In situ nitrate measurement is popular because of the importance nitrate concentration has to the health of natural water bodies. Unnaturally high nitrate concentration may lead to excessive algae and plant growth that have unwanted effects. Instrument-based nitrate measurements made in situ allow more frequent sampling than what would be practical or cost effective from grab samples analyzed on laboratory equipment. More frequent measurements are helpful for improving total maximum daily load (TMDL) estimates, water quality model accuracy, and timeliness of decisions about water resource management.
There are several nitrate measurement approaches. Each has different attributes that should be considered when selecting the most appropriate sensor for an application. The most common approaches for in situ nitrate measurements leverage UV (ultraviolet) spectrophotometry and electrochemically-based ion selective electrodes (ISE). Sensors that leverage both approaches are available from OTT Hydromet. The Sea-Bird Coastal SUNA V2 is a UV spectrophotometer and Hydrolab multiparameter sondes are available with a nitrate ISE.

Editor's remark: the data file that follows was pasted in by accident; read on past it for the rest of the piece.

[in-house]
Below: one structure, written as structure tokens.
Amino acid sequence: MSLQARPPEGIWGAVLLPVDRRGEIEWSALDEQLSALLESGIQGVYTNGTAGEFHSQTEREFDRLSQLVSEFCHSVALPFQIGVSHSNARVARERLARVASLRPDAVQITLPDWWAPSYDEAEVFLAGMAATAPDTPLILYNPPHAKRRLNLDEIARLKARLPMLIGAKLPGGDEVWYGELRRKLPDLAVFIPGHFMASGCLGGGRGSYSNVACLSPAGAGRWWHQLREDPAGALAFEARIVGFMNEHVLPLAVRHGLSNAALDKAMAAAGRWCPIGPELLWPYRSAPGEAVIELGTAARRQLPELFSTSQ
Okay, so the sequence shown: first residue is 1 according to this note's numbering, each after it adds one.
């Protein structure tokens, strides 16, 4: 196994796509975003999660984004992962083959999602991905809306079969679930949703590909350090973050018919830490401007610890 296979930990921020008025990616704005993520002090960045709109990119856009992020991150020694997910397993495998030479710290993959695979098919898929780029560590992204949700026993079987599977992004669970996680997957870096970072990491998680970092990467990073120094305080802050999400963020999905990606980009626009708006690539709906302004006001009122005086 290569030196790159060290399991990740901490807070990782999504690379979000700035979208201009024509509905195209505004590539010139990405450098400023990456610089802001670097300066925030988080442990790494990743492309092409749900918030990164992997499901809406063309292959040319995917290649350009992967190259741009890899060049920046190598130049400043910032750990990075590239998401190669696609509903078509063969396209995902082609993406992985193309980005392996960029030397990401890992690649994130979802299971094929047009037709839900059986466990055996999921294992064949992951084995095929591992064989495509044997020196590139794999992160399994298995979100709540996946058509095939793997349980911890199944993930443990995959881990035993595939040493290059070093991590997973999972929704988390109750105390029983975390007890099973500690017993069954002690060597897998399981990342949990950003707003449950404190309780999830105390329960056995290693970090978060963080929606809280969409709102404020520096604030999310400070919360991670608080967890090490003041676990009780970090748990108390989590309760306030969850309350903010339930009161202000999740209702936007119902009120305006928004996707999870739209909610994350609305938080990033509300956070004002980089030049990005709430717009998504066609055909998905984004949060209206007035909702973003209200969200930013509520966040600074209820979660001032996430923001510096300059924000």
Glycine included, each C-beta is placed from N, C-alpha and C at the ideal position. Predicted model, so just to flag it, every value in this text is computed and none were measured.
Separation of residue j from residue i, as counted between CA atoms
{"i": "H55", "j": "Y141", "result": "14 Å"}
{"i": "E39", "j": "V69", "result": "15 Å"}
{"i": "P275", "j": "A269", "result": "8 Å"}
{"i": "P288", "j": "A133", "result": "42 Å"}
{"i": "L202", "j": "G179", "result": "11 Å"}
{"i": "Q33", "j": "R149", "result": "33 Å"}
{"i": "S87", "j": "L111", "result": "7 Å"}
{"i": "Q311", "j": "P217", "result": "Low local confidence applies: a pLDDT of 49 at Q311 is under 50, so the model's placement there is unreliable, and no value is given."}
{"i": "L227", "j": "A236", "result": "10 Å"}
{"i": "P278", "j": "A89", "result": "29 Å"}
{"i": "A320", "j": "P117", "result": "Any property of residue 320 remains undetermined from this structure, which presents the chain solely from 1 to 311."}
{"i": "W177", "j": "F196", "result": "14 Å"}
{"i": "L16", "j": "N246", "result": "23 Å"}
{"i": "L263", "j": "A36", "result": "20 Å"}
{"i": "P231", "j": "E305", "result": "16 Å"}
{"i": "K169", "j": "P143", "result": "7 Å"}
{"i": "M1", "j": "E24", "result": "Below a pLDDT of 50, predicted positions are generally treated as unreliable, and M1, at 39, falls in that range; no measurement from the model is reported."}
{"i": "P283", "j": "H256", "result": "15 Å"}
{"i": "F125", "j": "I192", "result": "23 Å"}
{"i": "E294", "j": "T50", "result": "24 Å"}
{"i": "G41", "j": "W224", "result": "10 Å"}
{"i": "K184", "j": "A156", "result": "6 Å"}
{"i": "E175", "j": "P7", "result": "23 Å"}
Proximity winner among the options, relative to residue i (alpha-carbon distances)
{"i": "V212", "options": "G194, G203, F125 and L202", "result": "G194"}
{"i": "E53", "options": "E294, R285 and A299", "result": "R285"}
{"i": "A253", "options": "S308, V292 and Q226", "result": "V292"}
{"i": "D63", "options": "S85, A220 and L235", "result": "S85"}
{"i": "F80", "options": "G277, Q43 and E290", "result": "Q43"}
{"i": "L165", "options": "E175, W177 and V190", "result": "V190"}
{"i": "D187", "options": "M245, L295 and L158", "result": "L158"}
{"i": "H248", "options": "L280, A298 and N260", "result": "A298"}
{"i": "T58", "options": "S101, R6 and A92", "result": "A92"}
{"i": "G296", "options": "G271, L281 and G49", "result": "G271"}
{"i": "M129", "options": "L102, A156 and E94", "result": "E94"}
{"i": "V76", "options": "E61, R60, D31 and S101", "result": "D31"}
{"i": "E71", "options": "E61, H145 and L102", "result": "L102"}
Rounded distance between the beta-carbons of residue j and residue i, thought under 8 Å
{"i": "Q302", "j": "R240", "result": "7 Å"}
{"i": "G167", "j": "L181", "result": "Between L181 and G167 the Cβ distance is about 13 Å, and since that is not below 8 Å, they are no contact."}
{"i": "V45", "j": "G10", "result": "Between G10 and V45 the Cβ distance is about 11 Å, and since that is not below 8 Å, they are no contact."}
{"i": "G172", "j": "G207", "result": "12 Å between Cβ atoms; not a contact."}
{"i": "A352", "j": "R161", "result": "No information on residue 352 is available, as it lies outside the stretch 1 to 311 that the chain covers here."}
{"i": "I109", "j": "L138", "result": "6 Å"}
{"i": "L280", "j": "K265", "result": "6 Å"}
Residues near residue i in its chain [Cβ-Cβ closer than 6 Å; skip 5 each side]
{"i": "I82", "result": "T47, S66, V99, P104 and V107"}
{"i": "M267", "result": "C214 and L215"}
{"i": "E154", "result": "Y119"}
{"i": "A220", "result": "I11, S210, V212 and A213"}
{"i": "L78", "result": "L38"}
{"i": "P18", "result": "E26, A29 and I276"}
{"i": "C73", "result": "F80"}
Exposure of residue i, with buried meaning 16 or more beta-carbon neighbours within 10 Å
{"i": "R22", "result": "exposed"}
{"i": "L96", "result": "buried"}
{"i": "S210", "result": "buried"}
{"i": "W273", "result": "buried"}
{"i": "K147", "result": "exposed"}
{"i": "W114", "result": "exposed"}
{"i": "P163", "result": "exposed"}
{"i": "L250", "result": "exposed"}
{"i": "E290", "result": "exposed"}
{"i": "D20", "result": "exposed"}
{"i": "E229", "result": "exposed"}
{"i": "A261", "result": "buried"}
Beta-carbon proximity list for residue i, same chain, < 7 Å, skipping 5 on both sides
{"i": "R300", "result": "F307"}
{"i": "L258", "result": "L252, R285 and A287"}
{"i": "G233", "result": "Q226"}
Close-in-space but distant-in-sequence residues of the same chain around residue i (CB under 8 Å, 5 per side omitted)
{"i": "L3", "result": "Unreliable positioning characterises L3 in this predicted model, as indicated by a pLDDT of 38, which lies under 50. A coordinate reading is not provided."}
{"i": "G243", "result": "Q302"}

The Hydrolab ISE approach is the lowest cost, has a broad range, and is not influenced by color or turbidity. However, the ISE has relatively low accuracy, is subject to ionic interferences, and is subject to calibration drift. The SUNA V2 has relatively high accuracy, resolution, and precision plus a fast response time. However, it has a high cost, higher power requirement, and is subject to optical interferences. Use the table for a summary.
Reference: USGS techniques and methods document Optical Techniques for the Determination of Nitrate in Environmental Waters: Guidelines for Instrument Selection, Operation, Deployment, Maintenance, Quality Assurance, and Data Reporting by Brian A. Pellerin, Brian A. Bergamaschi, Bryan D. Downing, John Franco Saraceno, Jessica D. Garrett, and Lisa D. Olsen